“Click, Double-Click” Revisited

With Click, Double-Click due for publication on August 1st, I thought the time was ripe for some reflection on the experience of winning the Impress New Writers’ Prize, and the subsequent process of preparation for publication.

It can hardly be surprising that, as a doctor, I have chosen to write about a doctor, and, to an extent, about medicine.  Therefore there is something fitting about my publication date, August 1st, the day when new doctors start their careers, and all the junior hospital posts are rotated.

I’ve been scribbling virtually all my life.  I’m very fascinated by the phenomenon of the early recognition and identification of – call it what you will – a metier, calling, or obsession.  I was drawn to writing in my childhood by two forces.  One was the power of story-telling, and the other was the power of language.  In Primary School, I just loved “composition”, when I could spin a yarn and chuck in a few exotic words and phrases I’d picked up from somewhere, like “a farrago of heterogeneous irrelevancies” (which is usually what they were).

When you feel comfortable in your calling, there seems to be something God-given and inevitable about it.  Yehudi Menuhin described how he went to his first violin lesson with Louis Persinger, and came away convinced of what his life’s work was going to be.   And yet I sometimes wonder if that sense of vocation might not be much more haphazard than we think.  A chance exposure to a particular walk of life, a chance meeting with some charismatic and inspirational teacher, an enthusiasm for an endeavour combined with a certain talent to indulge in it – and there you have it.  But might not the same thing have occurred, on a different day, in a different location, and in an entirely different walk of life?

At any rate, as I’ve mentioned before in this blog, with adolescence I hit writer’s block and in due course realised I needed to go off and do something else for a time.  Eventually, I chose medicine.  Any notion I might have had that I was merely a writer going under cover for a bit to gather copy was soon completely and utterly dispelled.  The fact is that medicine devours you.  It certainly devoured me.  Medicine is an all-consuming devotion.  I disappeared for 40 years.

And yet here’s the thing.  I couldn’t stop scribbling.  Even supposing I was churning out the most god awful crap, I kept scribbling away.  And I thought, what is this?  Am I being mocked?  D’you know, I conceived the notion for Click, Double-Click in the sauna beside the pool at my local gym.  I’d got into the habit of running for 20 minutes on the treadmill, then the sauna and a swim.  Something about the exertion and the accompanying explosion of endorphins, combined with incipient heat exhaustion, made my brain teem with ideas.  Admittedly, once I’d dived into the cool waters of the pool, most of the ideas didn’t seem that good.  But a few stuck.

I read about the Impress Prize in Writers’ Magazine, three days before the competition’s closing date.  They were looking for an unpublished first novel, a synopsis, and a 6,000 word extract.  Serendipitously, chapter 1 of Click, Double-Click is approximately 6,000 words.  I sent it off.   That was last June.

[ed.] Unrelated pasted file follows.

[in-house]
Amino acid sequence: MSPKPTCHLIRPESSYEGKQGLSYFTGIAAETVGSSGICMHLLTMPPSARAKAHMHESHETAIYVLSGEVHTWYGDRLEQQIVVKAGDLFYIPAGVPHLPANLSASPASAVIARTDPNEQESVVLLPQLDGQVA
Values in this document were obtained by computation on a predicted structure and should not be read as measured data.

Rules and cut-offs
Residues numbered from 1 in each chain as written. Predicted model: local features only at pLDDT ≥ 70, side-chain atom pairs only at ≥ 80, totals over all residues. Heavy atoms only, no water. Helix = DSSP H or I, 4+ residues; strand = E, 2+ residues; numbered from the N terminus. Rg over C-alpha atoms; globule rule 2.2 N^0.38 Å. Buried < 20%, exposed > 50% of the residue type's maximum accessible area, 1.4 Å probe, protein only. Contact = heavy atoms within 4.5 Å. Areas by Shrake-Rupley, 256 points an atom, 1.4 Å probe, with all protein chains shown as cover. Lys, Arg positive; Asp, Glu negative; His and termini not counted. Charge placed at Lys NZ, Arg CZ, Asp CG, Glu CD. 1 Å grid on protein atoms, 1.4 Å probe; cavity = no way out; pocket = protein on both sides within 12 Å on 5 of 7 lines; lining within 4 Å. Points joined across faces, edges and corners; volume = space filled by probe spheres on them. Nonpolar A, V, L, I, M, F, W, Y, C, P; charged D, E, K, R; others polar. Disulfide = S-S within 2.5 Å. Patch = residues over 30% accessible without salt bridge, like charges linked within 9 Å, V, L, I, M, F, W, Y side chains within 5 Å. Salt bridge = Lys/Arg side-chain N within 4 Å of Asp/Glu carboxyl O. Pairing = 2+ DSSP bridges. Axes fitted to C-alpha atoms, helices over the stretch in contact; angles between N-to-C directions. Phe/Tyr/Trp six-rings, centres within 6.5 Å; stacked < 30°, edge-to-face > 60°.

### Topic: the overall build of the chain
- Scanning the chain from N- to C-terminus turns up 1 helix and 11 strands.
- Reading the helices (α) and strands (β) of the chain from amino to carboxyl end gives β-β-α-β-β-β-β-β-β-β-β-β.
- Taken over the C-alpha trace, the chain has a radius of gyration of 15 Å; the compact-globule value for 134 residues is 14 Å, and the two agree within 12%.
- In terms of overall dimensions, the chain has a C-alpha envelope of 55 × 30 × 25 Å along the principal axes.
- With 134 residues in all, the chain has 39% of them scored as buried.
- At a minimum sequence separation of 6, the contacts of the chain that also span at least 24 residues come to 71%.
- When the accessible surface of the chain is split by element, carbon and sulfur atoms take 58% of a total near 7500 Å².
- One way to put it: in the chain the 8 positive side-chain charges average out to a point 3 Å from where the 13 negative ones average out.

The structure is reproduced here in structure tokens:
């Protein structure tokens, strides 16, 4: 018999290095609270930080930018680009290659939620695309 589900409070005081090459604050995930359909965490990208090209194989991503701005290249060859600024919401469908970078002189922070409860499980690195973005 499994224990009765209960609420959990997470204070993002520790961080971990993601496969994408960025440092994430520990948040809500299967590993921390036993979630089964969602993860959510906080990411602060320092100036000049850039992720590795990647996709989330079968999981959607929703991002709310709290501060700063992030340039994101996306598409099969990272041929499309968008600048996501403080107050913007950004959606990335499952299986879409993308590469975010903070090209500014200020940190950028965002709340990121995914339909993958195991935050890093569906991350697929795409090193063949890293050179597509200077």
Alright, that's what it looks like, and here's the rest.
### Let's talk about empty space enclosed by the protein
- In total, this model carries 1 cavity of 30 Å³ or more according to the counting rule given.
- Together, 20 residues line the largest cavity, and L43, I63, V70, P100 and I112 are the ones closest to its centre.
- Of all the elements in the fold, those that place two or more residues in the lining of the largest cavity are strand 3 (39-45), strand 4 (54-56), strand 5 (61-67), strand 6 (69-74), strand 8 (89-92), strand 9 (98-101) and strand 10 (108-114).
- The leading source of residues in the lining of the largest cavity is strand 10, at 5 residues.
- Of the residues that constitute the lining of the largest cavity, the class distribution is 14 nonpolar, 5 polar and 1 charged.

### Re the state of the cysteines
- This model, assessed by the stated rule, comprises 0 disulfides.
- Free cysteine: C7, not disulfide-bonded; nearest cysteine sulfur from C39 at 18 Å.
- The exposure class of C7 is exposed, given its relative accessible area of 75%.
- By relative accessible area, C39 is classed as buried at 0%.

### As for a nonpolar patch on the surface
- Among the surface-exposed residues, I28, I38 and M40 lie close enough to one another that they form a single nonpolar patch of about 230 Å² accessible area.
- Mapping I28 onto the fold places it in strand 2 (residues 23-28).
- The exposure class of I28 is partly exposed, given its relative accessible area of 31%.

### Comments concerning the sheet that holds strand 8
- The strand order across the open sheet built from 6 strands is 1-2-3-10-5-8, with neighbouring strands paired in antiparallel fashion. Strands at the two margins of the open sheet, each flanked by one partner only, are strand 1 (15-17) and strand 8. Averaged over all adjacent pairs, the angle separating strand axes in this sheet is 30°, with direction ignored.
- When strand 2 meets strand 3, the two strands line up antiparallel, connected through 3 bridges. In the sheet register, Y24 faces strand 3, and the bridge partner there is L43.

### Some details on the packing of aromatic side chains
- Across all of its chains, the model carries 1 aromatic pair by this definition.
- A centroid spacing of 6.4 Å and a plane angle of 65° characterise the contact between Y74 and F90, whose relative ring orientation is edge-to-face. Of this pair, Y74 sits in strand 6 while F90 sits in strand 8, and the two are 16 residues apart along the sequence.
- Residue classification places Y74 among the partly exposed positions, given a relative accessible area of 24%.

I forgot all about it.  Then in October I got short-listed.  One of twelve.  That was very nice.  I got the tome out, and gave it a dusting down.  Just in case.  Then there was the “get to know the authors” sequence when we all had the chance to write in answer to various questions and I enjoyed that.  I was also impressed by my fellow contestants.

Then in November I got the phone call to say I’d won.  I don’t think I made much sense on the phone that day.   I was very euphoric for about 24 hours and then the anxiety set in.  Was it good enough?  What would Impress think of the Magnum Opus?  I knew they weren’t going to say, “Don’t change a word – it’s a masterpiece!” and I dreaded them saying, “This needs to be gutted radically!”

The reality turned out to be somewhere in the middle – some suggestions for a few revisions.  What was I going to do?  Perhaps be like Beethoven and fly into a rage – “Not a note to be changed!”  No.  While I may have murdered a few of my darlings with regret, most of the advice was right.  And I enjoyed the act of revision.  Soon we had a manuscript that was essentially ready for the more detailed process of copy editing.

I was deeply impressed by the copy editor.  She was incredibly astute. She reminded me of Lieutenant Columbo.  She would say, “Oh – just one more thing… just a small thing… oh don’t worry about it, it’s nothing…”

Of course it was entirely pertinent.

And my main contact person with Impress has been a delight.

Now I sit with the penultimate proof before me.  I read it through yesterday.  I hadn’t looked at Click, Double-Click for a while.  It was a slightly spooky experience rereading it.  It’s darker than I remember it.  It has been described as a “crime thriller” and it is certainly true that a crime is committed within its pages.  Yet if it lands up on the “Crime” shelf at Waterstones maybe the putative reader might feel cheated.  It’s talking heads.  It’s not so much “whodunnit” as “what have we all done?”  I hope they put it in general fiction.

For a while there, I was feeling detached about the whole thing, but now that the prospect of seeing my book between covers is imminent, I admit I’m genuinely excited.  I know the bits of my book that work, and if I suspect anything in it might be “clunky”, I’m not going to let on where.  Just so long as I don’t win the prize for Worst Sex Scene.

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